Most people think of data breaches in terms of a hacker gaining access to a network and stealing thousands – if not millions – of people’s personal information. Many breaches don’t follow this template, however: they are small and non-technical in nature.
Many breaches occur due to simple human error. Let me give you some examples. Recently, I have had other people’s post delivered to my home address, even though it was addressed correctly. I have also had another e-commerce retailer’s customer information emailed to me. In both of these instances, human error has caused a data breach.
No doubt you have had similar situations where you have had someone else’s post put through your door or where you have received information via email when you weren’t the intended recipient.
According to the UK Information Commissioner’s Office (ICO), over half of the data breaches that occurred in the three quarters of 2013/2014 for which figures are available were the result of information being disclosed in error. This far outweighs the number of breaches that were the result of loss or theft of data.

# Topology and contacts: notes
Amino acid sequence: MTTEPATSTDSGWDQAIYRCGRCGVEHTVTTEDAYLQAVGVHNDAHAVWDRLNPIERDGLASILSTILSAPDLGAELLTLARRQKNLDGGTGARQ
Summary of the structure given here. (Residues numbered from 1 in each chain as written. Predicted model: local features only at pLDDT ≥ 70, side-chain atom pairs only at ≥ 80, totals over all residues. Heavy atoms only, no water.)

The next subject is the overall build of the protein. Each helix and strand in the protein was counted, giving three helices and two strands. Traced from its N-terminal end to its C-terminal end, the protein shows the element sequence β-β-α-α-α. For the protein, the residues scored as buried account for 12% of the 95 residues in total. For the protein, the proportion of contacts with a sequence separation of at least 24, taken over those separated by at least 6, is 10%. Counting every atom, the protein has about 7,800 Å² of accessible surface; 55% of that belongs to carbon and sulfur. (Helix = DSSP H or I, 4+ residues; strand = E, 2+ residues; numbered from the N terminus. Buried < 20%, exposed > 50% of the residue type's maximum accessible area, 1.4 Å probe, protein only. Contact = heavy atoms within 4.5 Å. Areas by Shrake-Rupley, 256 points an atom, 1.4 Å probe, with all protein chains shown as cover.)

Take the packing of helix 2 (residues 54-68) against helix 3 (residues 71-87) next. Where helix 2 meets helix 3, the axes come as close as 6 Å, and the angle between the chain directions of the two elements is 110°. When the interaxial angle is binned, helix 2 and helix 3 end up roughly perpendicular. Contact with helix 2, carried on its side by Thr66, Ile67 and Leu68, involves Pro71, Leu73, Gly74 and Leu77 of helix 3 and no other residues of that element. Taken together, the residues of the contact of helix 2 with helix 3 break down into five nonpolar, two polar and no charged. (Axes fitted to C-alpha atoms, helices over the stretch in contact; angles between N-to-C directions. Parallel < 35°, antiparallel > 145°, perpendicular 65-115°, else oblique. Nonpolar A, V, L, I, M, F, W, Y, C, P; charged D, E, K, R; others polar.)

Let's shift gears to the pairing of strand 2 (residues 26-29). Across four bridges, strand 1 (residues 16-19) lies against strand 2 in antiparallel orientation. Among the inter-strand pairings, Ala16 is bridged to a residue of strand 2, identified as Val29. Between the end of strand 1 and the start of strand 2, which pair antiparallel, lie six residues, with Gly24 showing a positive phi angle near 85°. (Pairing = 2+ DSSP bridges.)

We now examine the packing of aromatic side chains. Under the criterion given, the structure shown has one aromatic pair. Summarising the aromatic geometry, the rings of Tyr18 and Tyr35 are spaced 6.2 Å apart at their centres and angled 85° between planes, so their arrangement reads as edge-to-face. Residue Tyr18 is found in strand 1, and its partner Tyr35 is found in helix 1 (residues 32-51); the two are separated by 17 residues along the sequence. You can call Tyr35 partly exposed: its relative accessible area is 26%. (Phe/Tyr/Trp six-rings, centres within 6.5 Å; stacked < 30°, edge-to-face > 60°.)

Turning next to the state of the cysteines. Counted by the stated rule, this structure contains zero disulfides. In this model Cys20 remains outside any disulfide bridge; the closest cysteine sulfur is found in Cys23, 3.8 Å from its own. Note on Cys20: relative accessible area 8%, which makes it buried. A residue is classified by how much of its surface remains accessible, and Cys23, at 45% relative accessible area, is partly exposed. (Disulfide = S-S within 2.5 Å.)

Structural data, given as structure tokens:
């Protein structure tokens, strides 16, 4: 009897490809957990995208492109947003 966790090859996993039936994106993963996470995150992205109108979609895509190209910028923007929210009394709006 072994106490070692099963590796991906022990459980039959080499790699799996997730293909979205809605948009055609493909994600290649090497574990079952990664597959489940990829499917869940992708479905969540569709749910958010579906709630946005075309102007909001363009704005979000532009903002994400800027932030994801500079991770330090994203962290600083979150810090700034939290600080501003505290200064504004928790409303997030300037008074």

With this being the case – and with the ICO only being aware of a small number of the data breaches that occur – if one were to extrapolate the results of the findings out to the wider environment, it’s not hard to imagine that there are many data breaches that occur due to human error.
It is pretty clear: you’ve probably been the victim of a data breach but just don’t know it.
Want a simple and effective way to prevent emails being sent to the wrong people? Boldon James Classifier can help you prevent the loss of your organisation’s critical data through simple human error. Find out more about Classifier.